EMPIR project contributes to an international guide for radiotherapy

Physicians examining radiotherapy image

A project from the EMPIR normative call has helped revise a guide for the safe calibration of radiotherapy equipment used in cancer treatment

The EMPIR project “kQ factors in modern external beam radiotherapy applications to update IAEA TRS-398” (16NRM03, RTNORM).

Around 3.4 million Europeans are diagnosed with cancer every year and about half of the resulting treatments involve radiation therapy with ionising radiation.  Accurate radiation beam delivery and dosimetry are critical for patient health as using too high a dose of radiation can cause damage to healthy tissues and too low means that the cancer may not be eradicated. 

Hospitals are required to perform measurements, in accordance with validated measurement codes of practice or protocols, ensuring that doses delivered to patients at European hospitals are traceable to the quantity ‘absorbed dose to water’ which relates closely to the biological effects of radiation.

These protocols are required to correct the dosimeter response for differences between the variations in beam quality at the calibration laboratory (Q0) and the beam qualities at the hospitals (kQ). These corrections are called ‘beam quality correction factors’ and are represented by  kQ,Q0 factors.

Before the project

Previously the ‘absorbed dose to water’ value used in calibrations was reached via an ‘air kerma’ route – a measurement of radiation quantity that is done in air and that required some extensive calculations involved several correction factors for conversion to reach the desired value of absorbed dose to water, a complicated process which can lead to errors in the dose delivered to patients.

To avoid this added complexity recommendations were provided by the International Atomic Energy Agency (IAEA) in a code of Practice (the TRS-398) published in 2000 which recommends the determination of the quantity ‘absorbed dose to water’ using measurements with ionisation chambers directly traceable to primary standards of absorbed dose to water, such as calorimeters.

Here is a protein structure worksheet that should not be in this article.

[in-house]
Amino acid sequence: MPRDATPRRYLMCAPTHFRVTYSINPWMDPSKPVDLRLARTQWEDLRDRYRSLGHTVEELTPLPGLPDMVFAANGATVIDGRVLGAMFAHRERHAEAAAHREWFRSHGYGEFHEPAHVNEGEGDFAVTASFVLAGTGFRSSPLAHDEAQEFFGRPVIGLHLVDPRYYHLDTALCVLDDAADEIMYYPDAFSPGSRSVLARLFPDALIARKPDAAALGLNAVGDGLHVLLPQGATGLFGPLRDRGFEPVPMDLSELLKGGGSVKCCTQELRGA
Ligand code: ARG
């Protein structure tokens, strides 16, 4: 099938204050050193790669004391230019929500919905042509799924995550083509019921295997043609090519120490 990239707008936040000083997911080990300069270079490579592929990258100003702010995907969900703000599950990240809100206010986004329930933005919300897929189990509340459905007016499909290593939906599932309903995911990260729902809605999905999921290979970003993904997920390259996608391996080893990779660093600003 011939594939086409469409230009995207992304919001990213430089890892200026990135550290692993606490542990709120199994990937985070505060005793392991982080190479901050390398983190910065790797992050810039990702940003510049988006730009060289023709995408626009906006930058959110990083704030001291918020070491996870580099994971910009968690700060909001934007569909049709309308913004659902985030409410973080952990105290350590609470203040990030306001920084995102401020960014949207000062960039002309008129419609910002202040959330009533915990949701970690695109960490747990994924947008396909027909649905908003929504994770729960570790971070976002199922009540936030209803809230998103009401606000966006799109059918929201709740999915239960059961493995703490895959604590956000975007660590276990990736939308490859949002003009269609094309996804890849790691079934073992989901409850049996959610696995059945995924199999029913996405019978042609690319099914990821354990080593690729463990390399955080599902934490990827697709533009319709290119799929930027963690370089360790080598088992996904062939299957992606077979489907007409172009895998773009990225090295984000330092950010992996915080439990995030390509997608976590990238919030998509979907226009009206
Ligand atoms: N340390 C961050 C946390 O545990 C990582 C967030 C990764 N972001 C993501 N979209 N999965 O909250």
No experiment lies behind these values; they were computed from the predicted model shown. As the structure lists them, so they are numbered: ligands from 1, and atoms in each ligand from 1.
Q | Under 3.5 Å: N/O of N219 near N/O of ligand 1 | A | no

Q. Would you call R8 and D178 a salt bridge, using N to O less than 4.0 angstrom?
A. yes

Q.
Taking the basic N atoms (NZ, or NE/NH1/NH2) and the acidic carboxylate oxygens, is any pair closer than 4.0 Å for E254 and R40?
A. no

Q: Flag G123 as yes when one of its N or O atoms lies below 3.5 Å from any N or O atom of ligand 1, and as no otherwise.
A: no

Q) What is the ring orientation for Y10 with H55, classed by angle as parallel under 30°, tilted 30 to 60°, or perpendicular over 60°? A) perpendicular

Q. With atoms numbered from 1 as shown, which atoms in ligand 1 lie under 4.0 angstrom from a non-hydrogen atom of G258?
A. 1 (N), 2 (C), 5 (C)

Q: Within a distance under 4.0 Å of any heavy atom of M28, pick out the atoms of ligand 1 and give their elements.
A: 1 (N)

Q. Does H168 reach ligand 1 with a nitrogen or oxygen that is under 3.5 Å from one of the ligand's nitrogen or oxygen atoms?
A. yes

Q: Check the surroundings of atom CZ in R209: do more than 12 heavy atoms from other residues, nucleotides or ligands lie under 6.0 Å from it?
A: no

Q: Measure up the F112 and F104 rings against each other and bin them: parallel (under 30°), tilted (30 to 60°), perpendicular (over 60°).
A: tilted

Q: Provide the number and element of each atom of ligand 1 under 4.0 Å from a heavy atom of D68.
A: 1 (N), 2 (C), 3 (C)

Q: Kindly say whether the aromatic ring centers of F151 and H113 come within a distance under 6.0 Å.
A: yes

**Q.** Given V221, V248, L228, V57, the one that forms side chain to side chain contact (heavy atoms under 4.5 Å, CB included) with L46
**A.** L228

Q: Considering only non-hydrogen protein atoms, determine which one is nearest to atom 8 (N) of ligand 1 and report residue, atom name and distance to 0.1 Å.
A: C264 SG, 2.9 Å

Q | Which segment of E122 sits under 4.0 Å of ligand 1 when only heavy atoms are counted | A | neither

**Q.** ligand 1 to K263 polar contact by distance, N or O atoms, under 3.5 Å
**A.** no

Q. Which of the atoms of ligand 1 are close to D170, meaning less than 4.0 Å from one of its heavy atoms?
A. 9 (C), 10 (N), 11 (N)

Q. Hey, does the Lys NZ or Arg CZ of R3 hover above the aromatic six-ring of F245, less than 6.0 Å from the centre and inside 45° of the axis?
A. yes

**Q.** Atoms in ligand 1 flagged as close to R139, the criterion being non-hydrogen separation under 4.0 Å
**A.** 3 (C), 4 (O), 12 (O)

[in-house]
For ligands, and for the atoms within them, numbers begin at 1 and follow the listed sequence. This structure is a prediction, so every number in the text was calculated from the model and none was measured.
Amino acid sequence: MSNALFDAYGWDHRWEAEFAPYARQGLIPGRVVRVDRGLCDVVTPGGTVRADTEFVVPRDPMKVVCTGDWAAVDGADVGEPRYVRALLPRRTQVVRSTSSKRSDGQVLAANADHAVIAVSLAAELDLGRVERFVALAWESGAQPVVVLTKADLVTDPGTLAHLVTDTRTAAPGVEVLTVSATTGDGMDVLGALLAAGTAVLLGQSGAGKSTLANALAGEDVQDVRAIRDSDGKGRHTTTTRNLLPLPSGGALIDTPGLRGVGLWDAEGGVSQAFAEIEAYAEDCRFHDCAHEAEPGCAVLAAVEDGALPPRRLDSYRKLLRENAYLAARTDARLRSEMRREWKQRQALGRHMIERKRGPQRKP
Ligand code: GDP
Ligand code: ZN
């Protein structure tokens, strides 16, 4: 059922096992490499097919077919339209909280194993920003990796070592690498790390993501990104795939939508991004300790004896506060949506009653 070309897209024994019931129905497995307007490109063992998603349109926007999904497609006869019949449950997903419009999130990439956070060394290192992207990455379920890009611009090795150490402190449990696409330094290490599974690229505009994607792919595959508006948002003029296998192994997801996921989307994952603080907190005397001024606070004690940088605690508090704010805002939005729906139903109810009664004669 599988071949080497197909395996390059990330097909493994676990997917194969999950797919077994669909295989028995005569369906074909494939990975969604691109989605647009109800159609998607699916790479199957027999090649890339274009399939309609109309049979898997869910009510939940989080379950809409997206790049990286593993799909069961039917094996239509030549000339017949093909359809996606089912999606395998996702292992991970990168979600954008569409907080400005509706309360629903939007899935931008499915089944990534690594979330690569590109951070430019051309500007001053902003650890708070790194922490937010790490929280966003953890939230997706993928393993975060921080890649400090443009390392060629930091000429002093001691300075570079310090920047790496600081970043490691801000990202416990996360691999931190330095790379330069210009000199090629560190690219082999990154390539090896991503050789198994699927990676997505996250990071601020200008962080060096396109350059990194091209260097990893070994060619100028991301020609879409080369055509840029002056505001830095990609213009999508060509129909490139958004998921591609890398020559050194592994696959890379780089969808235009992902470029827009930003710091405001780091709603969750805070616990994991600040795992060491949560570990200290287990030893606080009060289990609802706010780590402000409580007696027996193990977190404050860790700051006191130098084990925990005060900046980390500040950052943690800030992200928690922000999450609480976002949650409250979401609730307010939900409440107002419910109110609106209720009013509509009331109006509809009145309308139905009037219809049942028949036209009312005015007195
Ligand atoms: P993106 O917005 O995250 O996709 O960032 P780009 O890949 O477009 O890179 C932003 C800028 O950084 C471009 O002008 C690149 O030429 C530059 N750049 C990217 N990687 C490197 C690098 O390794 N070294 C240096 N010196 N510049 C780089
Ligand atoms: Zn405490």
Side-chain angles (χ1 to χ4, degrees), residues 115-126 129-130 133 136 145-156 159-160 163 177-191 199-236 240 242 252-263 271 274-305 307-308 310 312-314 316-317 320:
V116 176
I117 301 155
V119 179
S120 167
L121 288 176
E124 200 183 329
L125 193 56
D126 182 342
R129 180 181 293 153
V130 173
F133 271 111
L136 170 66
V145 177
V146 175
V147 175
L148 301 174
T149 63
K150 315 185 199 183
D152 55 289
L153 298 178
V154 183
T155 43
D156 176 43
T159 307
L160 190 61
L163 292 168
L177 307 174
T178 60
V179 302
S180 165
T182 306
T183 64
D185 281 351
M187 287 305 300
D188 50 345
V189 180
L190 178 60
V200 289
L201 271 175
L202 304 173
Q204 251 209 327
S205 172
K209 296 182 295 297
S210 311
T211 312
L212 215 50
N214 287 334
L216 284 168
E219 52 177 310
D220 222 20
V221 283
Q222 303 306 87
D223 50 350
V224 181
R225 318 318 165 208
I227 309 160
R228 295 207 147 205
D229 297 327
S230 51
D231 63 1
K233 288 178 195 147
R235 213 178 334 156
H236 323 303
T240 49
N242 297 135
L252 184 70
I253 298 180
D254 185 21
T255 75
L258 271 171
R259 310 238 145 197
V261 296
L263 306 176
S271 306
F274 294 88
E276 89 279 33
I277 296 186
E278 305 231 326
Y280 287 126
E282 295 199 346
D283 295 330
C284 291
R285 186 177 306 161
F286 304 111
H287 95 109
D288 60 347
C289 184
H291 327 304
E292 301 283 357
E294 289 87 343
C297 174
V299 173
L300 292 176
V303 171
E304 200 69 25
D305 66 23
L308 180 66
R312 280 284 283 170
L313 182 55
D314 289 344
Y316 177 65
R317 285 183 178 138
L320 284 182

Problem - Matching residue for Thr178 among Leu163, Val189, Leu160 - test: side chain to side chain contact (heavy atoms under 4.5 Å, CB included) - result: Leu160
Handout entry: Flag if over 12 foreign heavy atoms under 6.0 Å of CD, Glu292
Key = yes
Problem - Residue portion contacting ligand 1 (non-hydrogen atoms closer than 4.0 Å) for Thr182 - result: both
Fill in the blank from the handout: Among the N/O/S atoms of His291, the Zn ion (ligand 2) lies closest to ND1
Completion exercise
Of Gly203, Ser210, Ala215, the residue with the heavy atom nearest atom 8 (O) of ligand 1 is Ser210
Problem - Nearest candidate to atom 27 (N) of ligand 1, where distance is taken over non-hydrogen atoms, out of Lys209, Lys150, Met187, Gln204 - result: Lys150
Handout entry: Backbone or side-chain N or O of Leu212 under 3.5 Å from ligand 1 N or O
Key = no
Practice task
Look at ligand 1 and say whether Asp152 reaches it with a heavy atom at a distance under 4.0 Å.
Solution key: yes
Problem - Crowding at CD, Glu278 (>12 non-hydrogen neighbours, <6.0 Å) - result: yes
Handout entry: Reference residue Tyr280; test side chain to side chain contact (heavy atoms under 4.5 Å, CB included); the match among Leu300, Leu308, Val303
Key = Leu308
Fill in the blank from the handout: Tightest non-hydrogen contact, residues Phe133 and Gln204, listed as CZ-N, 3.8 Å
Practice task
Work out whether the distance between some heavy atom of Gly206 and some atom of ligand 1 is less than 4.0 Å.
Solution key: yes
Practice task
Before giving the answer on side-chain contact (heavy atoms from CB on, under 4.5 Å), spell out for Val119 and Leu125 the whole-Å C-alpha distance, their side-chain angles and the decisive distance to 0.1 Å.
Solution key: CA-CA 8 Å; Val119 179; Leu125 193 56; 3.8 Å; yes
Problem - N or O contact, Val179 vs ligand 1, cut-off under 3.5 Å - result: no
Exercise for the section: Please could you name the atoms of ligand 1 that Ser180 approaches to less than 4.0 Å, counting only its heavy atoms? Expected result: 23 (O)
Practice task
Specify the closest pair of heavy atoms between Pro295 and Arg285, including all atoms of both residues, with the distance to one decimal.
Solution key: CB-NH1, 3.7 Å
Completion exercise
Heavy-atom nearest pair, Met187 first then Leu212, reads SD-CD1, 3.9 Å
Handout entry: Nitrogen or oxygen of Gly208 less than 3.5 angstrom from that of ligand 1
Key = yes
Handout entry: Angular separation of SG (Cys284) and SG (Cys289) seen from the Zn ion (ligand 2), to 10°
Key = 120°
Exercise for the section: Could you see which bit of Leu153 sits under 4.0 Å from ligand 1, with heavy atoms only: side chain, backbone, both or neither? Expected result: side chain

However, in the 20 years since this guidance was introduced new types of chambers, modelling software and beam types – such as high energy photon beams (MV) and proton therapy, have been introduced – meaning for the guide to be as relevant and accurate as possible it requires updating.

Project achievements

This is now in progress with a large input from the now completed project RTNORM within EURAMET’s European Metrology Programme for Innovation and Research.
During its lifetime the project:

  1. Updated kQ,Q0 factors for kV x-rays between 100 kV and 250 kV – during which three calorimeters for measuring ‘absorbed dose to water’ were improved in the project.
  2. Updated kQ factors for high-energy (MV) photons beams between 4 MV and 20 MV, including flattening filter free beams (FFF) for 10 different types of ionisation chambers.
  3. Updated kQ,Q0 factors for scanned proton beams – this included the first ever work using different Monte Carlo codes capable of transporting protons kQ-factor calculation in scanned proton beams.

Results have now fed into 3 of the 6 chapters being updated in the revised guide, expected to be released in 2022 or early 2023:  TRS-398 TG ‘kV X-rays’, TRS-398 TG ‘high energy photons’, and TRS-398 ‘protons and heavy ion beams’.

Massimo Pinto (ENEA-INMRI), who coordinated the project and presented an invited keynote lecture in Japan on some of the results said about the work 

"RTNORM offered the opportunity to bring together measurements and computation experts from European metrology institutes and universities. This allowed us to go beyond the conventional way we each, singularly, measure and compute such values, with more appropriate uncertainty estimates and a deeper confidence in the accuracy of our results.”

The RTNORM project, and the substantial work performed, will help ensure that the new update is as accurate and simple as possible, ensuring those who suffer from cancer can expect the best treatment available in Europe and worldwide.

This EMPIR project is co-funded by the European Union's Horizon 2020 research and innovation programme and the EMPIR Participating States.

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